Monday, November 1, 2021 – 12:00pm
The Nine tells the story of nine women under thirty who joined the resistance during World War II and eventually became a close-knit group of friends. They smuggled arms through Europe, harbored parachuting agents, coordinated communications between regional sectors, trekked escape routes to Spain, and hid Jewish children in scattered apartments. They were arrested by French police, interrogated and tortured by the Gestapo, subjected to a series of French prisons, and deported to Germany. Gwen Strauss shares with us the true story of her great aunt Hélène Podliasky, who led this band of female resistance fighters on a daring escape from a German forced labor camp and a ten-day journey across the front lines of WWII back to Paris.
X TROOP: The Secret Jewish Commandos of World War II
Monday, November 15, 2021 – 12:00pm
In June 1942 the Third Reich had cast a horrific shadow across Europe. In desperation, Winston Churchill and his chief of staff formed an unusual plan: a new commando unit made up of Jewish refugees who had escaped to Britain – a motley group of intellectuals, artists, and athletes, mostly from Germany and Austria, who had to take on fake British names and personas. Trained in counterintelligence and advanced combat to deliver decisive blows against the Nazis, this top-secret unit became known as X Troop. Acclaimed scholar Leah Garrett draws on extensive original research, including interviews with the last surviving members of X Troop, and follows this unique band of brothers from Germany to England and back, to British internment camps, the beaches of Normandy, the battlefields of Italy and Holland, and the hellscape of Terezin concentration camp – the scene of one of the most dramatic rescues of the war.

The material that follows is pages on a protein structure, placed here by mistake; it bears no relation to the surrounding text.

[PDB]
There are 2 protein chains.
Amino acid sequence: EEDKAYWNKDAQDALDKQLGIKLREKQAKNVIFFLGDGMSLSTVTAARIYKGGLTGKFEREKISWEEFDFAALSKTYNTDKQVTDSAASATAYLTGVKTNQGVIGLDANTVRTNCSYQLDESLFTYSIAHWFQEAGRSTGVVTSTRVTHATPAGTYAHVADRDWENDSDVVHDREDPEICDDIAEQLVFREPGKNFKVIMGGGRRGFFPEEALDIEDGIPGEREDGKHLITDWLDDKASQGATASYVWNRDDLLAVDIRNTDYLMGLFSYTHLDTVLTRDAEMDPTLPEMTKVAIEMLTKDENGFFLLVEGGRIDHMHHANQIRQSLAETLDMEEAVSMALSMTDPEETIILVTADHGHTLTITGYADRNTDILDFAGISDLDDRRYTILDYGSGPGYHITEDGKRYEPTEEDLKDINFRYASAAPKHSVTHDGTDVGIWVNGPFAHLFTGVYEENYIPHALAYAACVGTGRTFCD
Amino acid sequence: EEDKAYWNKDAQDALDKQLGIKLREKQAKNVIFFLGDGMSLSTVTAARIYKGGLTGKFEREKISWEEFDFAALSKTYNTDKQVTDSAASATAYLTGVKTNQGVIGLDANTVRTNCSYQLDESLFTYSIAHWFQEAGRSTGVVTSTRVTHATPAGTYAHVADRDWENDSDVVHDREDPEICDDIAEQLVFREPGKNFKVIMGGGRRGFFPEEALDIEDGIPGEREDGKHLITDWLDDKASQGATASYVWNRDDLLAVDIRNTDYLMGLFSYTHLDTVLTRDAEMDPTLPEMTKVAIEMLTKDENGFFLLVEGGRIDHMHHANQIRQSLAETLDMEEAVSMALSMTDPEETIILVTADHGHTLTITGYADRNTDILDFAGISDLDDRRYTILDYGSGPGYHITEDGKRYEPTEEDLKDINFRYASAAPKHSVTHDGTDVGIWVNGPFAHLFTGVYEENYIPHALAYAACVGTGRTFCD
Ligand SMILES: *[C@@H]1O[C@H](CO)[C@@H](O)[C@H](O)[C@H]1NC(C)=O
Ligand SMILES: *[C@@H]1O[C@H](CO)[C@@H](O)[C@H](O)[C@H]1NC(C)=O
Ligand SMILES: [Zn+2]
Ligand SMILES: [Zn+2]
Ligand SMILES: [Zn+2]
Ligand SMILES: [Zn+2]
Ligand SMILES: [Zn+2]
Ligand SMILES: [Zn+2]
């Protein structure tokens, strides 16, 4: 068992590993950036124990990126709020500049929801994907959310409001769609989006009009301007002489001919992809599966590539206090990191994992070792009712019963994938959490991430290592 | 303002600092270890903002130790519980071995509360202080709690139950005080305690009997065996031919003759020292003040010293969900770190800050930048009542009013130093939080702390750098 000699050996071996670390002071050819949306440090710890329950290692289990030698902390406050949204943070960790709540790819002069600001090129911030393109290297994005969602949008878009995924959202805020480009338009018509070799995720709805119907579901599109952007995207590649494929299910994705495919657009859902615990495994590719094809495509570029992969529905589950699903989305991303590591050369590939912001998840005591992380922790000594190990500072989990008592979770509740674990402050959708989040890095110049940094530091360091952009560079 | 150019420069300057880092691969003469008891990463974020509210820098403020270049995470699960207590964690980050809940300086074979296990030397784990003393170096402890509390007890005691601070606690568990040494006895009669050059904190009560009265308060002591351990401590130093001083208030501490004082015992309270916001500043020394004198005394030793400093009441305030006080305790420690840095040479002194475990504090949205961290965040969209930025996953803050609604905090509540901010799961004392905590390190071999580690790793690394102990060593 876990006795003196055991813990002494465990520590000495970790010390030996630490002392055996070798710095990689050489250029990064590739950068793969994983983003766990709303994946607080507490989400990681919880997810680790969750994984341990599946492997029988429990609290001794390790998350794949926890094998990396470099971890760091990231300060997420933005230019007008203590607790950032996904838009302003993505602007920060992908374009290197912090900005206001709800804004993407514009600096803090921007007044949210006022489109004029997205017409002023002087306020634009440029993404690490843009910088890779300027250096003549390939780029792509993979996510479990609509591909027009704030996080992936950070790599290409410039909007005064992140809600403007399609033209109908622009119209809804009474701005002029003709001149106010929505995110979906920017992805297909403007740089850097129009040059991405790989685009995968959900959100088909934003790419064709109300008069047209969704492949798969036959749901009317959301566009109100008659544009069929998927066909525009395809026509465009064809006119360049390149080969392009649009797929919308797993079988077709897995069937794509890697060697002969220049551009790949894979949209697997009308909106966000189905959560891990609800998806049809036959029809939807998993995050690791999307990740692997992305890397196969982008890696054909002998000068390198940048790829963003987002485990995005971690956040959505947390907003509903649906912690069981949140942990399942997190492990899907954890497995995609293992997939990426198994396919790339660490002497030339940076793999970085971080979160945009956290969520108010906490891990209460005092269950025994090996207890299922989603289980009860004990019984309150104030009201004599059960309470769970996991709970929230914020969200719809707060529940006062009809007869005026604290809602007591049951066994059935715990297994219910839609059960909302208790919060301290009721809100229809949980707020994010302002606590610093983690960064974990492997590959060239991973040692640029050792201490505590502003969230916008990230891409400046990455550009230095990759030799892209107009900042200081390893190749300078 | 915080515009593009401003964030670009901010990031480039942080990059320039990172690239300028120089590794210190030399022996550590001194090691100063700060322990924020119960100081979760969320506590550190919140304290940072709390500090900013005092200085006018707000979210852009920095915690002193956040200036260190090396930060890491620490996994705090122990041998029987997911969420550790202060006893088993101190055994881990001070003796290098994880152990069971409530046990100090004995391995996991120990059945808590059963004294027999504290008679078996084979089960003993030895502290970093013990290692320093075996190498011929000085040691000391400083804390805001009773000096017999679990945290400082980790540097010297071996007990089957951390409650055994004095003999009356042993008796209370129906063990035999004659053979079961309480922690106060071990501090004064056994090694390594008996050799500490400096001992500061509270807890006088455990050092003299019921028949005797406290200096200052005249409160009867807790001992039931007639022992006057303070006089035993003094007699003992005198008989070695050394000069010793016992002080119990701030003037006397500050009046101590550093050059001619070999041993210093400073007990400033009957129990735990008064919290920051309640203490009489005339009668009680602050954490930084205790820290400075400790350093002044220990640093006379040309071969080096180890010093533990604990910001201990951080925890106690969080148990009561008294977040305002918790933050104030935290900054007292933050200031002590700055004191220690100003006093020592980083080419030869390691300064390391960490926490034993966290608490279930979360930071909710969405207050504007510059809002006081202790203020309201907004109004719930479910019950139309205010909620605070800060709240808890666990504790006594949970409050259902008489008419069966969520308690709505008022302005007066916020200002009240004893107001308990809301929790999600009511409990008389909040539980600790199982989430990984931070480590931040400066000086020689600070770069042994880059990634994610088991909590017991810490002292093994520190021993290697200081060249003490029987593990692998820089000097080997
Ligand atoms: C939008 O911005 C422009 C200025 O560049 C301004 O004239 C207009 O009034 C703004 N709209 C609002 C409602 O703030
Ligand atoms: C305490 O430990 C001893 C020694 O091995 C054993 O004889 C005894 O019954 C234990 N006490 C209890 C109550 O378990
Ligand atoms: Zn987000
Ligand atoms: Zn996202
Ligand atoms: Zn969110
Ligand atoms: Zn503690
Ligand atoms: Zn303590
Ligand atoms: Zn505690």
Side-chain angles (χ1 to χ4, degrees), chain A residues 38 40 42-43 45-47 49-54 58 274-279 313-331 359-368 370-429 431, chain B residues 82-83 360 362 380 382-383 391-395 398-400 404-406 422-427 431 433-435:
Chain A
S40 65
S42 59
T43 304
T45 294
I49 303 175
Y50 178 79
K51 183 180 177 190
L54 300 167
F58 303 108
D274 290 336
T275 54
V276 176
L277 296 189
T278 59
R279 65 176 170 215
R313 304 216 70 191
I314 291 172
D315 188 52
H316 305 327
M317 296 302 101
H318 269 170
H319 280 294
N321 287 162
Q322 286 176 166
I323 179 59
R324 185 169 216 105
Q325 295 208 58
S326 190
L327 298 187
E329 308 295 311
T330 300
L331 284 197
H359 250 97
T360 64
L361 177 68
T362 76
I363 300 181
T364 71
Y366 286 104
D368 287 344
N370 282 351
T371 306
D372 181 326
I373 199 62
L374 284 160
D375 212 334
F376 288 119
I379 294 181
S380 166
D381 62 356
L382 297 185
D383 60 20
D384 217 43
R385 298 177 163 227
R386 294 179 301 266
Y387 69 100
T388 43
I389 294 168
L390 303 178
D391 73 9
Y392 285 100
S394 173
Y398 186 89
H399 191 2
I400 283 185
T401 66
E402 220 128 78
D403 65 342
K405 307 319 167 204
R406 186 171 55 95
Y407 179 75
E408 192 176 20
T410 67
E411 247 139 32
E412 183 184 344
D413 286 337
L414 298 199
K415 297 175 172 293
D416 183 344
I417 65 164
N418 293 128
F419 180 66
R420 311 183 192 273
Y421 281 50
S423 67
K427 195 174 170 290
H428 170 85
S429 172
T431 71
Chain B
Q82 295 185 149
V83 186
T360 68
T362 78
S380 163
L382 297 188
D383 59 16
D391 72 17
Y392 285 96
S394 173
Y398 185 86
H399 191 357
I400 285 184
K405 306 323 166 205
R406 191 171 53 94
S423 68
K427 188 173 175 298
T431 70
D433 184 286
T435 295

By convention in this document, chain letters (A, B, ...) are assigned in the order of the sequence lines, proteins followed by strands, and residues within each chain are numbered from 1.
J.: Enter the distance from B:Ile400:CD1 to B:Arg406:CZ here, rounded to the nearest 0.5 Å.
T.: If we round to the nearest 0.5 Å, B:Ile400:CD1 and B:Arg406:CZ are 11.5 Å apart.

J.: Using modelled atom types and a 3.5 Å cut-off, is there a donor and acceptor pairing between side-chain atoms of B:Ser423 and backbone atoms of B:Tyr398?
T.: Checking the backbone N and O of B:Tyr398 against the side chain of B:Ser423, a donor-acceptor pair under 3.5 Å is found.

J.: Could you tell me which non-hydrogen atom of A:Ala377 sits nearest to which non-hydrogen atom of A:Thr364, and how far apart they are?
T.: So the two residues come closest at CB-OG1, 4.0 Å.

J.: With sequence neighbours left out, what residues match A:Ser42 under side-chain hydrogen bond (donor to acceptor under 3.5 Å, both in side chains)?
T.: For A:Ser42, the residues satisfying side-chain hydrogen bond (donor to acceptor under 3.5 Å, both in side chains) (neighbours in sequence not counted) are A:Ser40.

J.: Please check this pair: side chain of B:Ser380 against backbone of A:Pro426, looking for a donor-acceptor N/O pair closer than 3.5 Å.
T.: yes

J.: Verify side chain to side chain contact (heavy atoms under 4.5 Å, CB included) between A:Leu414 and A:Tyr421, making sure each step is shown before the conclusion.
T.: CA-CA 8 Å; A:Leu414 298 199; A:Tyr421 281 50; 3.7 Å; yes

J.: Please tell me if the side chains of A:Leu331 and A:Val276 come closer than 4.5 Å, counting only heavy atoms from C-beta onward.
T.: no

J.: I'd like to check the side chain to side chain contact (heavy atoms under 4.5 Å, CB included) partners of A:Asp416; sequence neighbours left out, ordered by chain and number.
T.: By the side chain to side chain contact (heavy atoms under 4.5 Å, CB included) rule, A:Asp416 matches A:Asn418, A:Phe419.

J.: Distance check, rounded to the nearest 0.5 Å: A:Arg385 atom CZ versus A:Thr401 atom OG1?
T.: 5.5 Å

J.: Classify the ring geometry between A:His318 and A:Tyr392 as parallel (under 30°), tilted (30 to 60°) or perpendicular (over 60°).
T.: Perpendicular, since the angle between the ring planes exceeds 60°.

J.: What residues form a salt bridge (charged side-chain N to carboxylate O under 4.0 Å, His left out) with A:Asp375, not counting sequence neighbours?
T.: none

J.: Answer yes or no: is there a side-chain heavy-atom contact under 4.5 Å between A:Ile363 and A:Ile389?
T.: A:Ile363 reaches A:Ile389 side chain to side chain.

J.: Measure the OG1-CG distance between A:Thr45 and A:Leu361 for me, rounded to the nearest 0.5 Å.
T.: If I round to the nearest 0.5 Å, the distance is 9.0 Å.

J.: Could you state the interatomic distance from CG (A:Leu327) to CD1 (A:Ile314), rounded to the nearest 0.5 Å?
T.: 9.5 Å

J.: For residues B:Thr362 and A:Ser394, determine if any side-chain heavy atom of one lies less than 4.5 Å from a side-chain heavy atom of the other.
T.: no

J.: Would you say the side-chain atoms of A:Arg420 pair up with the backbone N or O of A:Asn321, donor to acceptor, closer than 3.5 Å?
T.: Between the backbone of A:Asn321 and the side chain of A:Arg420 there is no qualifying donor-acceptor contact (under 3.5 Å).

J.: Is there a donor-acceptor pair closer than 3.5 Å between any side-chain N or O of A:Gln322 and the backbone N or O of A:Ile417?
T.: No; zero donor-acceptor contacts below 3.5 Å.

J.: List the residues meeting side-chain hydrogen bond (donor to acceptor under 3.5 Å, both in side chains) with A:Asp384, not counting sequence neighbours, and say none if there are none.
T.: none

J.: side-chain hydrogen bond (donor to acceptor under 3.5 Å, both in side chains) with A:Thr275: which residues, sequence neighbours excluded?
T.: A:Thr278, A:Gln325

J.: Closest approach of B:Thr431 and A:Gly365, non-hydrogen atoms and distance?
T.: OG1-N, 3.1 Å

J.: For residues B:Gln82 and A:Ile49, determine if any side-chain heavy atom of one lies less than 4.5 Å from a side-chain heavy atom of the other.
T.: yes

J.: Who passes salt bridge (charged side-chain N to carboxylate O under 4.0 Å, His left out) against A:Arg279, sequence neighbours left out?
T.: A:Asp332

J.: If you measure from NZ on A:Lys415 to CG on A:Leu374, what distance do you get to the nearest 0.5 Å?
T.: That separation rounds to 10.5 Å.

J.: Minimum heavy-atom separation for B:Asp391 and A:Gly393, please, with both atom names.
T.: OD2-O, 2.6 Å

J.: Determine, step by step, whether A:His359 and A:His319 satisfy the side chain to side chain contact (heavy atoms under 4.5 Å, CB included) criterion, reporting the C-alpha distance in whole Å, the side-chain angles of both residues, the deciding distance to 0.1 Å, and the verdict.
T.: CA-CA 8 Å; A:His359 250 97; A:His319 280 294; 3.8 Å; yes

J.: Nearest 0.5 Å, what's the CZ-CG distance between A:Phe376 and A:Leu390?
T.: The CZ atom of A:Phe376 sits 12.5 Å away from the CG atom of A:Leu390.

Previous Summer 2021 Speakers
TRACING YOUR ROOTS AT HOME, LEVEL II: Online Research Beyond the U.S.
Monday, July 12, 2021 – 12:00pm
Are you interested in learning more about your family’s history prior to their arrival in the U.S. or about a branch of your family that never emigrated to the U.S.? In this interactive online presentation, Moriah Amit, Senior Genealogy Librarian at the Center for Jewish History’s Ackman & Ziff Family Genealogy Institute, will show you how to broaden your family history search beyond the basic databases to specific online resources for places of origin worldwide. In addition, learn tips for finding and requesting records from your country of origin that are not available online. While this is designed as a follow-up to the Center’s genealogy basics session, first-time participants are welcome. This workshop is geared toward people of all religious/ethnic backgrounds.
FACTS OR FAKES? Navigating the News in an Age of Disinformation
Monday, August 16, 2021 – 12:00pm
During this time of mass media, how do we differentiate between what is fact and fake? Is COVID-19 part of a secret plot to make a fortune by selling vaccines? Did Trump’s lawyer plot with Russian spies to hack the Democrats? Are Fox and MSNBC reporting on the 2020 election from different planets? Former New York Times reporter Scott Shane will examine recent case studies in online disinformation, using real images and video clips, and discuss how to separate truth from fabrication.
Sponsorship opportunities available. For more information, please contact Judy Vladimir at [email protected] or 718-225-6750 ext. 345.
Below are highlights from some of our past series.